I’m guessing I was around 12 years old when I said it. My parents in the front seat of my Dad’s car, me in the middle of the back seat, leaning forward with my arms rested on the backs of their seats. I can’t remember what prompted the announcement but I can remember the silence that followed.
“I was born in Renmark, I’m going to live in Renmark, and I’m going to die in Renmark.”
I’m not sure if that was what prompted the suggestion of boarding school but I certainly think it played a part in the decision.
That was the beginning of my unfinished business.
Life changed dramatically for me from the moment I set foot in the gates of my all girl’s city school. My realization that not everyone went skating at the rec centre on Friday nights, or dreamed of a new pair of desert boots to go with their Lee jeans. I met girls from farms who drove 12kms just to reach their letterbox. Girls whose family names I recognized from the side of trucks and billboards, and girls from overseas who talked of lives in countries that I’d never noticed on a globe.
By the time I’d finished school my thoughts were of working and share houses with friends. I drove home once a month and was that annoying kid from the city who felt the need to share that the local radio was shit and the latest television series two years behind. “Molly’s still alive? Oh god this is soooo old!”
But as time went by I couldn’t help feeling that I needed to go back. I hadn’t lived there as an adult. And there’s a difference between filling in for the netball team on the weekend and fronting up week after week. What was it like to work in an office full time rather than stuffing envelopes for a few days for extra cash? What would life be like if I met someone, settled?Could I live there forever? I felt like I had unfinished business with my hometown.
A three year stint in Renmark answered all of those questions. It takes a certain sort of person to survive in a small country town. A good person. A person who knows when to shut up, how to balance being involved without being intrusive. Someone who can socialize with a group on the weekend and run a business during the week without getting under anyone’s skin. I’m not that person. A wise man who’d ran a very successful business in the country once told me “make your words soft and sweet just incase you have to eat them.” It’s hard to do that full-time. In the country you never escape, Sue from the Post Office is going to be at the Football club on Saturday night so think twice before you complain about how long you’ve been standing in line. Remember that fight you had with Jackie Smith in Grade 5? She’s now deciding who gets an appointment at the doctors surgery that day. Good luck with that.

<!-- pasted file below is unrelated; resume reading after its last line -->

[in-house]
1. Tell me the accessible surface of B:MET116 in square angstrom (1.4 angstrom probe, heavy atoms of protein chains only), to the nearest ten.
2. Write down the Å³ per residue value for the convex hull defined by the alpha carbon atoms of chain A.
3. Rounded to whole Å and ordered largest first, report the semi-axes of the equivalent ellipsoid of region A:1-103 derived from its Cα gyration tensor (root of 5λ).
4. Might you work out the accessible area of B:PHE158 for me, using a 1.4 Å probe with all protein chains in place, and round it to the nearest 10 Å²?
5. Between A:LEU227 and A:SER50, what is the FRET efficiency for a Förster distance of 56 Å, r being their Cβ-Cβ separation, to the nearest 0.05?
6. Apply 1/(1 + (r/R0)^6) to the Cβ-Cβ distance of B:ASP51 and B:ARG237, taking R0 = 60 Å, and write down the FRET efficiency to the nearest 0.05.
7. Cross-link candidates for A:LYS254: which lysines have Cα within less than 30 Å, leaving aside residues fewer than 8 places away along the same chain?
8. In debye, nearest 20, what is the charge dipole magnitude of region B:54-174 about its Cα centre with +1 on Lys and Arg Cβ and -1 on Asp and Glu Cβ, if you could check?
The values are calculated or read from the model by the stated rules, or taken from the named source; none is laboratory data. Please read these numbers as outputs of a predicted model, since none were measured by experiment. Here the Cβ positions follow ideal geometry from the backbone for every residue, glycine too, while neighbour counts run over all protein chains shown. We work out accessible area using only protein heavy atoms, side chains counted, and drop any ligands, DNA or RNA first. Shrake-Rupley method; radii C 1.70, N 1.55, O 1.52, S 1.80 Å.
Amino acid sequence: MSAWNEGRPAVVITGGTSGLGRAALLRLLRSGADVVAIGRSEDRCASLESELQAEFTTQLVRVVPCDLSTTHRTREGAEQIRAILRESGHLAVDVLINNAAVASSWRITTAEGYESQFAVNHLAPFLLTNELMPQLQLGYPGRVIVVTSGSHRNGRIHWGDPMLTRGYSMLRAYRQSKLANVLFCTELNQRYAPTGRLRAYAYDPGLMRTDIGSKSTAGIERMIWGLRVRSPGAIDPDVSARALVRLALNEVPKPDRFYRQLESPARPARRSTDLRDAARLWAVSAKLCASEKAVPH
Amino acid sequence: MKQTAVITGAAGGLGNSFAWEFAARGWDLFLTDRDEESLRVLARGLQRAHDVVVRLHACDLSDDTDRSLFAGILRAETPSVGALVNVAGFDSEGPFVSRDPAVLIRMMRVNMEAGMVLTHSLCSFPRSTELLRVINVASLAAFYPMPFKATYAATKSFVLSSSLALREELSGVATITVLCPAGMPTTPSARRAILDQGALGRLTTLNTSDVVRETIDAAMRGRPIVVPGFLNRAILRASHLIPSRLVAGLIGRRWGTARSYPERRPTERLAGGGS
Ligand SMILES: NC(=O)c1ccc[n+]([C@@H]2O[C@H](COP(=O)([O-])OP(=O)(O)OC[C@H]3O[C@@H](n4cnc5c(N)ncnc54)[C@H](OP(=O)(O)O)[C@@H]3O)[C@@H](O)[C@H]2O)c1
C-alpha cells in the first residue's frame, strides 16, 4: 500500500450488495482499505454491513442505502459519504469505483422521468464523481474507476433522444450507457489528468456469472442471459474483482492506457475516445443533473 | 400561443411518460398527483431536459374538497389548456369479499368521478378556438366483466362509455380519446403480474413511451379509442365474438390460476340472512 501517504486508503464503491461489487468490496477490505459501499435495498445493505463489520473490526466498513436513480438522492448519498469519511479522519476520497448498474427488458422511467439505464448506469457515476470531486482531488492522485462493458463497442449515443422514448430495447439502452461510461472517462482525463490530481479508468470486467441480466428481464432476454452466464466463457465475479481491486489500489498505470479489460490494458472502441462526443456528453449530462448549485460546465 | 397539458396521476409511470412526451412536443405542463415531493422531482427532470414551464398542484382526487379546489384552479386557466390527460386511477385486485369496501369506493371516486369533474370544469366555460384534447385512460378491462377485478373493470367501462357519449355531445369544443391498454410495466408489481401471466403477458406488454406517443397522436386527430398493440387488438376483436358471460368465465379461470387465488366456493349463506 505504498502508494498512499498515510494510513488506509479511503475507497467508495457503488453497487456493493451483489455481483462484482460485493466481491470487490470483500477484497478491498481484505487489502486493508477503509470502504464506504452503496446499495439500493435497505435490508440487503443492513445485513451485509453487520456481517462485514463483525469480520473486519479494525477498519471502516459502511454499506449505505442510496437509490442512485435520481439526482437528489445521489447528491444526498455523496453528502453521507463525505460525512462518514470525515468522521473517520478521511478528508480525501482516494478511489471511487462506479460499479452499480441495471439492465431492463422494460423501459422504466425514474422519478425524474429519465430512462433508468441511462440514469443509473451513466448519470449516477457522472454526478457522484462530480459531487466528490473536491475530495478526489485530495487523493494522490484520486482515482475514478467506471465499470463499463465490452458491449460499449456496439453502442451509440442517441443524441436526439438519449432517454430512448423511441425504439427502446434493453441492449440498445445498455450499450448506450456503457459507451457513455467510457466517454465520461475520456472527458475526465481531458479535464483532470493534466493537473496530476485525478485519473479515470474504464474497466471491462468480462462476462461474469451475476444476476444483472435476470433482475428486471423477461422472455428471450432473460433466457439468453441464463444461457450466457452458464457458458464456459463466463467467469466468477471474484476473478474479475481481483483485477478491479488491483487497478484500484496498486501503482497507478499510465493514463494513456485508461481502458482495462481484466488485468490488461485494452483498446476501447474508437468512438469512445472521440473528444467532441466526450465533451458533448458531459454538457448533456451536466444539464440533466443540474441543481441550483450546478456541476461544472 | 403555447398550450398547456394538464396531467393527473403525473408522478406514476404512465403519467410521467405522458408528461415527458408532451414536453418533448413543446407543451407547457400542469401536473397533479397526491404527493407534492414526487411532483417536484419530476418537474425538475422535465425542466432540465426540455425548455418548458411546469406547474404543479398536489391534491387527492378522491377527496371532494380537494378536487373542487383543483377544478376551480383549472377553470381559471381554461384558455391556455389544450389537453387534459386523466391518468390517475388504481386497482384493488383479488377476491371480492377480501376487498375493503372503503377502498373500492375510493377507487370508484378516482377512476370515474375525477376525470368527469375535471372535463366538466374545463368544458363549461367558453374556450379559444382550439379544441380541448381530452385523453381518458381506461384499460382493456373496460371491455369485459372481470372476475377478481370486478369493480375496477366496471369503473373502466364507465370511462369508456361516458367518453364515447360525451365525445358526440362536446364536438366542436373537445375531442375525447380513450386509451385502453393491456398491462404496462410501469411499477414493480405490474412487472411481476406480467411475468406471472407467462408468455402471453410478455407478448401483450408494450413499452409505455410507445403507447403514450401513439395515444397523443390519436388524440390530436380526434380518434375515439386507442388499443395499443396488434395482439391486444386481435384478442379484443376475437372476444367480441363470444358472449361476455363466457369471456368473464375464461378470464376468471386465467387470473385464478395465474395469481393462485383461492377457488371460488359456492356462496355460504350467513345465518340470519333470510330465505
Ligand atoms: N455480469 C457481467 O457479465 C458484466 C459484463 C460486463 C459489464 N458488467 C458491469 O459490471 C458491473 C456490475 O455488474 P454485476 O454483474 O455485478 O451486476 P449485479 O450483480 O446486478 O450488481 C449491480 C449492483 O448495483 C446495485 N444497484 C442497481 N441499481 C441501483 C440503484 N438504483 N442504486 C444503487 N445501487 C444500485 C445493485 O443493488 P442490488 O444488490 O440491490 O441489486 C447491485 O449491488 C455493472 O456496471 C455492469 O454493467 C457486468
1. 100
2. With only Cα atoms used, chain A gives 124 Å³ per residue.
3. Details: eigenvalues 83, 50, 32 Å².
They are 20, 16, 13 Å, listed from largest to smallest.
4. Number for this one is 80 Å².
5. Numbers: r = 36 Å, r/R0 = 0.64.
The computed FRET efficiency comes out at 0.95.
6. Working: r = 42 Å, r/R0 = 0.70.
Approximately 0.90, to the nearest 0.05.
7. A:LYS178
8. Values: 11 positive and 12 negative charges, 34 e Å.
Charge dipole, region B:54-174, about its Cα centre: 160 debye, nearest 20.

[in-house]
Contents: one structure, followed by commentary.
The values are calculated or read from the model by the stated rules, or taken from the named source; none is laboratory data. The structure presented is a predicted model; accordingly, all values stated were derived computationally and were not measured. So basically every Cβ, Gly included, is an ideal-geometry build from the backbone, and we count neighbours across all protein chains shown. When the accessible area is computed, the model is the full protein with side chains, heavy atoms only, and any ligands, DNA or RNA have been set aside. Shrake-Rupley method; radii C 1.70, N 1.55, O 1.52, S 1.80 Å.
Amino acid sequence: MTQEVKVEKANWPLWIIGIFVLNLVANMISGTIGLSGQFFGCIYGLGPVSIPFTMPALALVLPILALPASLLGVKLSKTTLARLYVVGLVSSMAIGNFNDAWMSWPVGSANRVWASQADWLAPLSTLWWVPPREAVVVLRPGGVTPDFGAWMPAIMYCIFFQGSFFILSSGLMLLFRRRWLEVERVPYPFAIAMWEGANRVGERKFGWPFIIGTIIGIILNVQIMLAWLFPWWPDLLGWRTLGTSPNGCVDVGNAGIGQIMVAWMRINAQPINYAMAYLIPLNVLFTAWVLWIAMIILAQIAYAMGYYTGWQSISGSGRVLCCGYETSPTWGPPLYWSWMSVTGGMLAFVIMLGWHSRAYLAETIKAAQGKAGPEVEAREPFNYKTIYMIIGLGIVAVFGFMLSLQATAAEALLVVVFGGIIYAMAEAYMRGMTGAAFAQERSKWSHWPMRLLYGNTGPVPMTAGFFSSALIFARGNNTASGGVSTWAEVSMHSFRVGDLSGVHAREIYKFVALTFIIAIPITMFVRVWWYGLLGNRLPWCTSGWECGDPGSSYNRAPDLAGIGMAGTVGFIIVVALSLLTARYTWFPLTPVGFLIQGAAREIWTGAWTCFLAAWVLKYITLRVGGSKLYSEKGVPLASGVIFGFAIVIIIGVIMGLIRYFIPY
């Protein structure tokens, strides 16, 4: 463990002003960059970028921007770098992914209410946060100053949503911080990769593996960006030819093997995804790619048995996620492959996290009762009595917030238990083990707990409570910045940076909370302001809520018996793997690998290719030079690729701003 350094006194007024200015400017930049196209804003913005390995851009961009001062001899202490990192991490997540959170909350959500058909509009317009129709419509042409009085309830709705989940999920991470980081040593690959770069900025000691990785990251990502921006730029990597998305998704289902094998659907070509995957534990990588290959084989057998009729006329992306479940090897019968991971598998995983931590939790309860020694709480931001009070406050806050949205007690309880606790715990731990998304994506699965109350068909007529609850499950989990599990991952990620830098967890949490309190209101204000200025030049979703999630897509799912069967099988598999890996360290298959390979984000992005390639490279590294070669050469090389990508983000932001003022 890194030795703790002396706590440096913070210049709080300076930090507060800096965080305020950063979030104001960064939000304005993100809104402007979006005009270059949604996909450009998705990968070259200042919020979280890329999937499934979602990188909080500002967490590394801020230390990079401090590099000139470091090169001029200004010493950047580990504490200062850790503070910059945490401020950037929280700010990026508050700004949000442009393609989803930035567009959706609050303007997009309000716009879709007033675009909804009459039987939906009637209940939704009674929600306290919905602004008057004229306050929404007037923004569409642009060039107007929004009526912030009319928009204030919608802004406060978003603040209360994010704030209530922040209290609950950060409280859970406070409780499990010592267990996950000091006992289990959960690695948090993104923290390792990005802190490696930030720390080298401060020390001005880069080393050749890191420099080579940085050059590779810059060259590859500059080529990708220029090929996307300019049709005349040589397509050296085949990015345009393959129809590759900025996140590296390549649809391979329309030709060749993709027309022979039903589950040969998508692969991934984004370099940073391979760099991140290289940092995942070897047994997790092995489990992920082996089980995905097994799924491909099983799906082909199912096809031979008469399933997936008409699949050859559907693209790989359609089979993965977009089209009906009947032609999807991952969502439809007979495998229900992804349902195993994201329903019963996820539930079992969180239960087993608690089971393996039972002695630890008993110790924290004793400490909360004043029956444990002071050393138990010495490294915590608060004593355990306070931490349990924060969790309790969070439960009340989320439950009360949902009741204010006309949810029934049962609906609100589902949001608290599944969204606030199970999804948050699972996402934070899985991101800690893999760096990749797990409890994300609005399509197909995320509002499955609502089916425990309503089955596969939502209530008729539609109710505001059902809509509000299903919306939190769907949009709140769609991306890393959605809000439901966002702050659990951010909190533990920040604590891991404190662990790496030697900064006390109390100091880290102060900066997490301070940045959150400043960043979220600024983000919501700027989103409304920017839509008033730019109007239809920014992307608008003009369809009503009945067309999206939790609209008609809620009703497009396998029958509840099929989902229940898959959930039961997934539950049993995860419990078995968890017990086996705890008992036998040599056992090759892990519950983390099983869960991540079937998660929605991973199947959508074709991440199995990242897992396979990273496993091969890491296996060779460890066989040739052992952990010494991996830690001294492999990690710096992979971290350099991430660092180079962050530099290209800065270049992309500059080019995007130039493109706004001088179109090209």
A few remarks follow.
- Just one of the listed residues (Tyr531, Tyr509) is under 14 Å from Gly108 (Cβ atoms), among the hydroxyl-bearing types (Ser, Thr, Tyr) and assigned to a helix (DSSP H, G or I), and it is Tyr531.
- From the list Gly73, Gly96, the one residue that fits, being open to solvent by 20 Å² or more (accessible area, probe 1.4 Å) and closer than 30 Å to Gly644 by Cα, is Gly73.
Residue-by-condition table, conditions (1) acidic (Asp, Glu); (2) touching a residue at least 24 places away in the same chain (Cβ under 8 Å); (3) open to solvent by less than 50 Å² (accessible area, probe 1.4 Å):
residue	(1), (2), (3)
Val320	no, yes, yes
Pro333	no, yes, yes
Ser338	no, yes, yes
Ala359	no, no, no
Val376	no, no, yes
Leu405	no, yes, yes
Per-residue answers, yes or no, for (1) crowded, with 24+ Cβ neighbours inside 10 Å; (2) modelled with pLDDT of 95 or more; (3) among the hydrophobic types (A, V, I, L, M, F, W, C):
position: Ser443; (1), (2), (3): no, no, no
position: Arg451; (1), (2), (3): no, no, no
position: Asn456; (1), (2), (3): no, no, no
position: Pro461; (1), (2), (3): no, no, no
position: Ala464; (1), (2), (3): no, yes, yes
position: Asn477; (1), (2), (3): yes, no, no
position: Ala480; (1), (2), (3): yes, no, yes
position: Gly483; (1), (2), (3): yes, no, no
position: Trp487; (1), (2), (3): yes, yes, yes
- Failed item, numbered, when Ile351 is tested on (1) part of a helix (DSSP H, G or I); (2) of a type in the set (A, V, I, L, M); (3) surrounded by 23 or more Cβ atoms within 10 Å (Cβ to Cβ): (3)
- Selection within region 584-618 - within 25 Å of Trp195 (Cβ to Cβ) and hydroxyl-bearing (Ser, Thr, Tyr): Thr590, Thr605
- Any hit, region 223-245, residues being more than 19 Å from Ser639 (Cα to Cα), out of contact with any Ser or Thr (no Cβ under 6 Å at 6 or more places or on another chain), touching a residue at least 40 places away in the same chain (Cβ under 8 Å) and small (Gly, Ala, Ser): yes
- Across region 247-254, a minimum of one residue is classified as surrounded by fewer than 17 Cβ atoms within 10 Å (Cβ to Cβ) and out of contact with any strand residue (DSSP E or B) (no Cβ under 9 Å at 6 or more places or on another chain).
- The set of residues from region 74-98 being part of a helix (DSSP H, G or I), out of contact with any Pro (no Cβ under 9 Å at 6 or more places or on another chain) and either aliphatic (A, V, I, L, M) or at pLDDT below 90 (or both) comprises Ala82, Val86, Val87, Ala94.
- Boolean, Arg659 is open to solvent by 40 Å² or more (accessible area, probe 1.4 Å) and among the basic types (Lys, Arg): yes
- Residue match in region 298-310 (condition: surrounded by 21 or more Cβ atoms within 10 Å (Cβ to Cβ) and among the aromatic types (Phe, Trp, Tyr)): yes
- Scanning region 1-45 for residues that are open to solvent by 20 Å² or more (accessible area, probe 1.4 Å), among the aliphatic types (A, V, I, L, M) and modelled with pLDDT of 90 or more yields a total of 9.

I float in and out of Renmark now, a privilege that most of us with unfinished business don’t get to enjoy.
Years ago on a trip home for Christmas G and I received a phone call, we would be leaving Libya and moving to Canada. I never went back. G’s work wanted him to go to London for a month and we had 3 children under 4, I decided to stay with my parents while G packed up the house and said his farewells. I never said goodbye to our friends. There was no last trip to the airport, no farewell drinks, we were just the family that left for a three week break and never came back again.
A week before I’d left for the Christmas break my friend Sam and I had walked through the Medina in Tripoli’s Green Square. A square that I would see televised 7 years later, Gaddafi sharing his undecipherable and scrambled thoughts with the masses. As we’d wandered through the ancient Medina with a familiar smell of shisha, I’d noticed a set of silver salt and pepper shakers but didn’t have any cash. “I’ll come back and get those next month” I said, thinking I’d be in Tripoli for at least another two or three years.
When the shipment arrived in Canada seven months later, I stood in my kitchen in Calgary unwrapping glass after glass, plate after plate. Surrounded by boxes and crumpled wrapping paper. “What’s thi..” I said as I began to unwrap an odd shape. There they were, my salt and paper shakers. In that moment I was transported in time, I was no longer in my suburban house on the cul-de-sac, I was back in the Medina with Sam standing next to me while a man in white nodded in agreement that I’d be back to pick them up later. As my lip quivered and tears began to fall G explained that Sam had arrived at the house with them before he left “she said she was pretty sure you’d want these.”
I have unfinished business in Libya.
My mother told me once that she thought it may have been easier if I hadn’t have gone away to school. I’d always thought they had felt they’d provided me with a huge opportunity so I was shocked by her comment.
“Why? Why would it be easier?”
“Well, you might be a little bit more like us.”
We both laughed at how outrageous her statement sounded. She shook her head immediately, “no, no, no I don’t mean you’re not like us, but maybe if you hadn’t seen all of that, or been a part of it, it would have been different.”
I knew what she meant. I thought back to that girl, the one who was born, lived and was going to die in Renmark. That girl was gone. That girl now sits with her husband and dreams about another stint in Asia, wonders whether once the kids are grown if they could do a couple of years in London, and has her husband on a promise that they will live in New York for at least six months. She has pieces of her heart scattered all over the world with friends who visit her in her thoughts on a daily basis. She dreams about visiting them just one more time.
She has unfinished business.